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Posted May 10, 2012 | Leave a comment
N.Y. man gets prison time for drugs
By Alex Bridges -- email@example.com
WOODSTOCK -- A New York man caught with drugs during a traffic stop in October in Shenandoah County dropped a possible challenge to the arresting officer's search.
Randy D. Jenkins, 39, of Brooklyn, appeared in Shenandoah County Circuit Court on Wednesday to face one count each of possession with intent to distribute oxycodone and possession with intent to distribute oxymorphone. Jenkins faced receiving a maximum of 40 years in prison on each charge, according to Judge Dennis L. Hupp.
Jenkins pleaded guilty to both charges under an agreement reached between his lawyer, C. Todd Gilbert, and Commonwealth's Attorney Amanda Wiseley. The agreement called for Jenkins to receive six years in prison on each count with all time on one conviction suspended. The court then suspended all but two years and 10 months of the other prison term.
A Virginia state trooper working in the county Oct. 25 spotted a southbound gold Acura with Tennessee registration, driven by Jenkins, pass the 280 mile marker, Wiseley said. The car had tinted windows and an object dangling from the rear view mirror, she said. The trooper stopped the vehicle at about the 278 mile marker. The officer approached the car and saw a marijuana stem in the passenger side floorboard, Wiseley said.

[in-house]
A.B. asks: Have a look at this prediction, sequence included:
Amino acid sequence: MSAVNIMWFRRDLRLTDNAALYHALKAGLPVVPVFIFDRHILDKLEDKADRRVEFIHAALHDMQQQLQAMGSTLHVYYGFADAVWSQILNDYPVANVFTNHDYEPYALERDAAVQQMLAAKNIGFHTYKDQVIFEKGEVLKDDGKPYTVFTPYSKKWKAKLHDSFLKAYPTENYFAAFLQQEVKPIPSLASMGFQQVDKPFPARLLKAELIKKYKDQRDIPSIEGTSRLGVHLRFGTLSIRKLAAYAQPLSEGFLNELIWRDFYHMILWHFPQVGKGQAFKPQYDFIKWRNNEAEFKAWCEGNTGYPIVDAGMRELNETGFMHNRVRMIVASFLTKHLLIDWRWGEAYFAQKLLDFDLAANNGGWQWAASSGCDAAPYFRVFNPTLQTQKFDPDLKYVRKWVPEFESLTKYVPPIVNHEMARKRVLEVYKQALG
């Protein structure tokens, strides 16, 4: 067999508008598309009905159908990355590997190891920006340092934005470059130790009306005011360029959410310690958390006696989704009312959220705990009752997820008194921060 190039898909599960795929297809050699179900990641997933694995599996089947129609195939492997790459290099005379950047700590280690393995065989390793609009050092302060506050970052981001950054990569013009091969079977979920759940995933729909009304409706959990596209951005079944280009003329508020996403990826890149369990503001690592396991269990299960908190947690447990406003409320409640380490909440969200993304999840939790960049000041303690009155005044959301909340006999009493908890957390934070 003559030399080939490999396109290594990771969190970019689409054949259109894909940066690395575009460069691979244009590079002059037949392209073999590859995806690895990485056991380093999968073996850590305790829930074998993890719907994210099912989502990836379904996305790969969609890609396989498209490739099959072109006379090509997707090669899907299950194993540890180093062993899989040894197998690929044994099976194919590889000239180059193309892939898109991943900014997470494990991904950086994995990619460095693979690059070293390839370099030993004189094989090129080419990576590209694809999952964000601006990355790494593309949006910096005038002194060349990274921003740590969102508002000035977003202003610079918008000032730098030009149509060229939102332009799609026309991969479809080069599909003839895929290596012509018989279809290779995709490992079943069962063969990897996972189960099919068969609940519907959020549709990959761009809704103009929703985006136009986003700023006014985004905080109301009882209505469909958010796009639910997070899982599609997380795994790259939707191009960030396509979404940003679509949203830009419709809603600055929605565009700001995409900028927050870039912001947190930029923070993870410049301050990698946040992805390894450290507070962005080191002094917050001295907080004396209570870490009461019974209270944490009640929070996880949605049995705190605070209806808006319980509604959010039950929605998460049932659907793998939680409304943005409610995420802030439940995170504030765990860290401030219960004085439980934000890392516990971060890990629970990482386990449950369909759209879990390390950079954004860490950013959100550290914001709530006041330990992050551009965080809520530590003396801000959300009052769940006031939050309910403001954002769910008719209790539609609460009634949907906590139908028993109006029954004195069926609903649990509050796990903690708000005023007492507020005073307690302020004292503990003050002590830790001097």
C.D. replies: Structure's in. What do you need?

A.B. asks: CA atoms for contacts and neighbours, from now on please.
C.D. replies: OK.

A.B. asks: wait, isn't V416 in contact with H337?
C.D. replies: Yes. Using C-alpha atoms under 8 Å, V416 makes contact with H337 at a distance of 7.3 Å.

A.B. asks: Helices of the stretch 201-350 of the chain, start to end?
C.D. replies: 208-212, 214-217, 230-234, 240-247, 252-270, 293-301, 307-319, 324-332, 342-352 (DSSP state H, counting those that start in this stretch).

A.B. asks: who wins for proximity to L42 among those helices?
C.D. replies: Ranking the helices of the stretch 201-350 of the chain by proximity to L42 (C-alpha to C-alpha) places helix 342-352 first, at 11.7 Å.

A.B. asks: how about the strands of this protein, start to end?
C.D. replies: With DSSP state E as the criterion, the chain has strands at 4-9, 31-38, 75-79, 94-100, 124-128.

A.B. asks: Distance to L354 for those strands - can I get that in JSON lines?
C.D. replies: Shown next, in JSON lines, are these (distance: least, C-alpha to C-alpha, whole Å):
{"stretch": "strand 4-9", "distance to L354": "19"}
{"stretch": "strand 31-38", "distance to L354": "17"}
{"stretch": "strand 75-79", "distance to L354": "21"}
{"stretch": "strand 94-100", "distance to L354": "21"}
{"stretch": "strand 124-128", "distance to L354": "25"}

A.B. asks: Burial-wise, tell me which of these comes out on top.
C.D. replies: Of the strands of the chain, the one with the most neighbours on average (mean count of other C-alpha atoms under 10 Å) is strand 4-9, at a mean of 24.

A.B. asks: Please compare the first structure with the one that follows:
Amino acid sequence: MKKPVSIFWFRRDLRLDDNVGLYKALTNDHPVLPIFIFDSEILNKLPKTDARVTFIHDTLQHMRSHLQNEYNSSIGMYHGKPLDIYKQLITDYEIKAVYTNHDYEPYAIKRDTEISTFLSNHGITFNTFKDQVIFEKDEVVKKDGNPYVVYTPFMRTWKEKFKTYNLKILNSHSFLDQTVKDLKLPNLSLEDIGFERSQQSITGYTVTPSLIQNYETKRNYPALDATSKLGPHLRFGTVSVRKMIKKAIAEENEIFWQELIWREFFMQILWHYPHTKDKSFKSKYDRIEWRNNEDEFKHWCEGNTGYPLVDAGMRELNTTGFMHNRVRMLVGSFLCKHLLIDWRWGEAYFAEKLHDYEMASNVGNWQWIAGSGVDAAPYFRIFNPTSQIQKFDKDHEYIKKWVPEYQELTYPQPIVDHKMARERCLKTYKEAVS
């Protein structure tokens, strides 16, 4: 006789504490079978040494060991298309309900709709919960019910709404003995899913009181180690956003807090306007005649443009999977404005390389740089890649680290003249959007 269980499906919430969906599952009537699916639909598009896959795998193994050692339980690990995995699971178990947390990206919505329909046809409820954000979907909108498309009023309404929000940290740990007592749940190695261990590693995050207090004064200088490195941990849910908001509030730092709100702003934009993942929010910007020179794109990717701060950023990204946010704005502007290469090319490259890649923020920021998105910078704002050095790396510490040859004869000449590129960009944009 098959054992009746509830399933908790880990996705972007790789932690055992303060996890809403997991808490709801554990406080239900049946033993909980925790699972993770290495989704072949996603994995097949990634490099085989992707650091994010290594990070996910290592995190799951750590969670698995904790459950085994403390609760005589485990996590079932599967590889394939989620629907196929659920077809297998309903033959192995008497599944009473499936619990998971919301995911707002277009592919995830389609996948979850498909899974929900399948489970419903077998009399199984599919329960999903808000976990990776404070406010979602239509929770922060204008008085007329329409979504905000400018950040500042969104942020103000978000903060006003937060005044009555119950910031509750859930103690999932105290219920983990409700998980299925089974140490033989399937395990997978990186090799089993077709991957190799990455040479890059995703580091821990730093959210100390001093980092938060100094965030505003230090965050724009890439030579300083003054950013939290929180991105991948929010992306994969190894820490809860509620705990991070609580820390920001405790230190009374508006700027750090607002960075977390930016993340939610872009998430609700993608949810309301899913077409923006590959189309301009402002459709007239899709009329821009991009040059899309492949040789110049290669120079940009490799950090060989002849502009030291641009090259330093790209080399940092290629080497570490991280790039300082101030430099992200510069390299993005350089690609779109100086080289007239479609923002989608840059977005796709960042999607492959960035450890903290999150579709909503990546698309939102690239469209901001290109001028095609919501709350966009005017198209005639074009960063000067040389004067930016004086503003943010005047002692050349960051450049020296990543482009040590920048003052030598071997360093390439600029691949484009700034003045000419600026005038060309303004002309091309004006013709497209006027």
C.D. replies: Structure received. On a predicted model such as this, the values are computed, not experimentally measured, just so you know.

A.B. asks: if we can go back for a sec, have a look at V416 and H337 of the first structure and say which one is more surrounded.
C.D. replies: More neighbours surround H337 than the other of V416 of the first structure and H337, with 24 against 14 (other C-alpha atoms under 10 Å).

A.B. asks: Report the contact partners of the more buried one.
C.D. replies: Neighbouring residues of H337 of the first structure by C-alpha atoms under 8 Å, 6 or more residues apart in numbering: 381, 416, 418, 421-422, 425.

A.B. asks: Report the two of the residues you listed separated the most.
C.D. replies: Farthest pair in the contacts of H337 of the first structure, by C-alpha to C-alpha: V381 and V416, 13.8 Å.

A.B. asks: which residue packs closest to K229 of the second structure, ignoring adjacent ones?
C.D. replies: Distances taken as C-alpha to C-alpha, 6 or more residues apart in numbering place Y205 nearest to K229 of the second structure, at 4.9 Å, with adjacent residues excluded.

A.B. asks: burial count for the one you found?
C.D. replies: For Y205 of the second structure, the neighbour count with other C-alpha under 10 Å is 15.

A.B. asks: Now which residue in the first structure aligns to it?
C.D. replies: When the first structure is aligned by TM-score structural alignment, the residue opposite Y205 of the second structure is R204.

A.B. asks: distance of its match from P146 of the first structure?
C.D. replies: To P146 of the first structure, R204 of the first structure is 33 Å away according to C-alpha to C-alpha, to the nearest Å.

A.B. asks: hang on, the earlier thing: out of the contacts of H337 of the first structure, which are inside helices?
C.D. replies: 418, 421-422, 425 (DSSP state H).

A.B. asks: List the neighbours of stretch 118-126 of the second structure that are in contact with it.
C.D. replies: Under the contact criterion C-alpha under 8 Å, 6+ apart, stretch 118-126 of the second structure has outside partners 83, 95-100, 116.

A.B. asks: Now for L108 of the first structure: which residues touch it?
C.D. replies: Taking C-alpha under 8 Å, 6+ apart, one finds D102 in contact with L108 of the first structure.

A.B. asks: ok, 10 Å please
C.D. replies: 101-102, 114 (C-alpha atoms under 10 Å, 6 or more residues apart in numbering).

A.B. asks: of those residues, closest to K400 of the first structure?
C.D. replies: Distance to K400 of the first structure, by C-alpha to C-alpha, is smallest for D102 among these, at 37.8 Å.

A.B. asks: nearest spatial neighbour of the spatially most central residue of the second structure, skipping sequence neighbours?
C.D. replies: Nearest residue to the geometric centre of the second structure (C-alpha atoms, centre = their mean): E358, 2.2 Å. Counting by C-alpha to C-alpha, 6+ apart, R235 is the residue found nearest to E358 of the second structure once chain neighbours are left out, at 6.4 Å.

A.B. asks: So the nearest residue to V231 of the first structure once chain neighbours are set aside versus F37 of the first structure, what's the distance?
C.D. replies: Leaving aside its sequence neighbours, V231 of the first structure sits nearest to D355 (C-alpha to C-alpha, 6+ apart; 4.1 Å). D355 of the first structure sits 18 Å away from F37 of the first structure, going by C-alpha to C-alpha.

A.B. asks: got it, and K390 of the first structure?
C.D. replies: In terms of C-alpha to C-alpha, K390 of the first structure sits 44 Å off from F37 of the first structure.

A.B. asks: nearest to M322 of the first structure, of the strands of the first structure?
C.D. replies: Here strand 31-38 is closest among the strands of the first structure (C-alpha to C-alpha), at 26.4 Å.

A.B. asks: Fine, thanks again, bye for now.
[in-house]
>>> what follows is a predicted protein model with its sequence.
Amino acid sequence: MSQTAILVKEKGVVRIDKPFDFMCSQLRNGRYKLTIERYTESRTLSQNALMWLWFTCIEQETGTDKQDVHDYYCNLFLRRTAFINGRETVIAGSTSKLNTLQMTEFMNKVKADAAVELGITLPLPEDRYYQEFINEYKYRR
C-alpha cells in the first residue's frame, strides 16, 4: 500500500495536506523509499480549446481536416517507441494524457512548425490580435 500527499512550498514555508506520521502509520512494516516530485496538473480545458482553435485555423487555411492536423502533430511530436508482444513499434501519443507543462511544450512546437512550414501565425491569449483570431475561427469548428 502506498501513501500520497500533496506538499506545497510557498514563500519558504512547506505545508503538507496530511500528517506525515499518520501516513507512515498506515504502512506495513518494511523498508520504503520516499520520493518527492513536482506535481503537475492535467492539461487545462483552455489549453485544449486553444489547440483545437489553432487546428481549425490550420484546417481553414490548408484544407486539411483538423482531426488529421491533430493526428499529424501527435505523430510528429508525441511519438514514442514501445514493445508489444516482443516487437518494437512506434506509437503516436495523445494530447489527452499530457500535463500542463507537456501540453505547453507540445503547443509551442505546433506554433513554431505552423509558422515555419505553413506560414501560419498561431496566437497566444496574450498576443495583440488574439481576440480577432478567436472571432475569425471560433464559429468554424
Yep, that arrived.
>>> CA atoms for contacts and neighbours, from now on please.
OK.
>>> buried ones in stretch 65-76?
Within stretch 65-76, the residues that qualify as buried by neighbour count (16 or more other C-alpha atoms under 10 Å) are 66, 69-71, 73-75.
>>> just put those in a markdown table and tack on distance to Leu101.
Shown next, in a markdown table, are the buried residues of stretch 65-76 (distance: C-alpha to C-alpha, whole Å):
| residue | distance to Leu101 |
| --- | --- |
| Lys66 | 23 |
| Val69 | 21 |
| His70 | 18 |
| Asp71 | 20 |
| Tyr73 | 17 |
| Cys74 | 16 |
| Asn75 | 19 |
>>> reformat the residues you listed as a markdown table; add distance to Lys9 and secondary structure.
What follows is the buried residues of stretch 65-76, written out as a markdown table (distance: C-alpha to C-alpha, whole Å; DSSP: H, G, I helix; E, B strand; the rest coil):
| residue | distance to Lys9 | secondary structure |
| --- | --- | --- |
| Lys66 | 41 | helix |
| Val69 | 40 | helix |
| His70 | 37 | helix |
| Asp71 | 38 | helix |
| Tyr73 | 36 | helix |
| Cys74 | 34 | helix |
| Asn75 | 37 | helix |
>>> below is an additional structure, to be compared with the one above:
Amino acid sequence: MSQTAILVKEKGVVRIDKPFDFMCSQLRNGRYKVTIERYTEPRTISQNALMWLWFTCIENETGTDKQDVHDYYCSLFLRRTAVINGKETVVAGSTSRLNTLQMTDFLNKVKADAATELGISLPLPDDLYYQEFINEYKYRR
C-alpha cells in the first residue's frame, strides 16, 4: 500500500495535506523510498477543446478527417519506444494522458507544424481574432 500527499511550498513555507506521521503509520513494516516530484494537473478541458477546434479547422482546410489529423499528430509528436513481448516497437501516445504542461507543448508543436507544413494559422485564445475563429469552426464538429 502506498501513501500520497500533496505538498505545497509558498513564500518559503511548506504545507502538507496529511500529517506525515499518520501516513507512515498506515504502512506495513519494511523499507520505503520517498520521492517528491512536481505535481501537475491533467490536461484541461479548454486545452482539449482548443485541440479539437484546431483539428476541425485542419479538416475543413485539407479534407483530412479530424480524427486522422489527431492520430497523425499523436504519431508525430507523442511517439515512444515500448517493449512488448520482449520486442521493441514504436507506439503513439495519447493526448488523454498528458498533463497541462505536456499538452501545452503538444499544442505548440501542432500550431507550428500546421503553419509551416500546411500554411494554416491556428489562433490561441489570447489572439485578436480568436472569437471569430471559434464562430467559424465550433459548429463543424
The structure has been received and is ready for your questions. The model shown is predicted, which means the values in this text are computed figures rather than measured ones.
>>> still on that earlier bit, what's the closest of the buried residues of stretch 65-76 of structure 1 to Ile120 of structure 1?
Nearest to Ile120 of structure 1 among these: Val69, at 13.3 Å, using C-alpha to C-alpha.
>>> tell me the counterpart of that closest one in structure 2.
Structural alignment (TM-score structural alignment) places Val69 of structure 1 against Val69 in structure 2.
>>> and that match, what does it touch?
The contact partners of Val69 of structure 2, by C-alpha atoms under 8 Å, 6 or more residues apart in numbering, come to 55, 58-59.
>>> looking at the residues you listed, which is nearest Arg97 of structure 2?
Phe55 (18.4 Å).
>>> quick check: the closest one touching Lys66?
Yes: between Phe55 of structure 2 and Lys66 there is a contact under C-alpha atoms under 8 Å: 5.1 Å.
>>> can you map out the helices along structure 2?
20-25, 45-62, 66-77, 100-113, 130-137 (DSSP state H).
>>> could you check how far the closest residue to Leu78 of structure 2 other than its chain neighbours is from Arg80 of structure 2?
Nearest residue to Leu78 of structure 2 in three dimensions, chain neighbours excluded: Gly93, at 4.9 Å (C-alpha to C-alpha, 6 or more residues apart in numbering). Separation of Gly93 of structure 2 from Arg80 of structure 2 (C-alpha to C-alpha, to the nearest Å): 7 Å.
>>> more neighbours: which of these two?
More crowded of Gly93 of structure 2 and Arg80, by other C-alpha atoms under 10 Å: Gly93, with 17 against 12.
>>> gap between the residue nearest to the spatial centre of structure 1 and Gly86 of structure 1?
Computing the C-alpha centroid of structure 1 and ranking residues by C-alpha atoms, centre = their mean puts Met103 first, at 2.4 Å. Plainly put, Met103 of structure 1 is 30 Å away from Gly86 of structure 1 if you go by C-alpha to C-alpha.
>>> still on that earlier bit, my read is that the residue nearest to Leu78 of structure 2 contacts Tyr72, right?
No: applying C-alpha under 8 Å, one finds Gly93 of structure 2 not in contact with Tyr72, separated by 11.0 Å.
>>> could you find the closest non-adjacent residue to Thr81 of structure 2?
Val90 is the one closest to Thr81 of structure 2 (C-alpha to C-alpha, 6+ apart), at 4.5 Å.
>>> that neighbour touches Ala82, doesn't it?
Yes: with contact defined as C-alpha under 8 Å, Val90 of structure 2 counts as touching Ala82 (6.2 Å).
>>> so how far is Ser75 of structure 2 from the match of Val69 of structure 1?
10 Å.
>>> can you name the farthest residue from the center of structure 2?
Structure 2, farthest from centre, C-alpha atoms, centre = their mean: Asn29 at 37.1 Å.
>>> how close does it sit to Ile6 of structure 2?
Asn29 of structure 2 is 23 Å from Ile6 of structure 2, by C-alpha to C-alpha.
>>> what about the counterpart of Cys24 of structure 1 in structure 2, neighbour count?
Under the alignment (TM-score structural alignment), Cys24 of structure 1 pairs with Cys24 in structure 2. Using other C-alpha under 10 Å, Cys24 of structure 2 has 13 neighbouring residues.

Jenkins then consented to have the trooper search his vehicle, according to the prosecutor. The trooper found a Carnation creamer can with a false bottom in the trunk, she said.
"During the pat down ... the trooper felt something in the groin area that did not feel anatomically correct," Wiseley said.
The trooper later discovered Jenkins had two containers concealed in his pants filled with dozens of pills which tested positive for oxycodone and oxymorphone, according to the prosecutor.
While Gilbert said he agreed with the evidence offered by Wiseley, the defense attorney noted his client may have questioned whether the trooper had probable cause to search Jenkins during the stop. Gilbert said there could be an argument over whether the trooper had the constitutional right to escalate the search of his client.
Wiseley indicated she likely would argue the search fell within the bounds of the trooper's right because containers with false bottoms have been used to store illegal drugs. Gilbert argued that people use such containers to store personal items and valuables, not always drugs.
Jenkins must serve three years of supervised probation after his release from incarceration followed by two years of unsupervised probation.
Hupp accepted the plea agreement and sentenced Jenkins to its terms.
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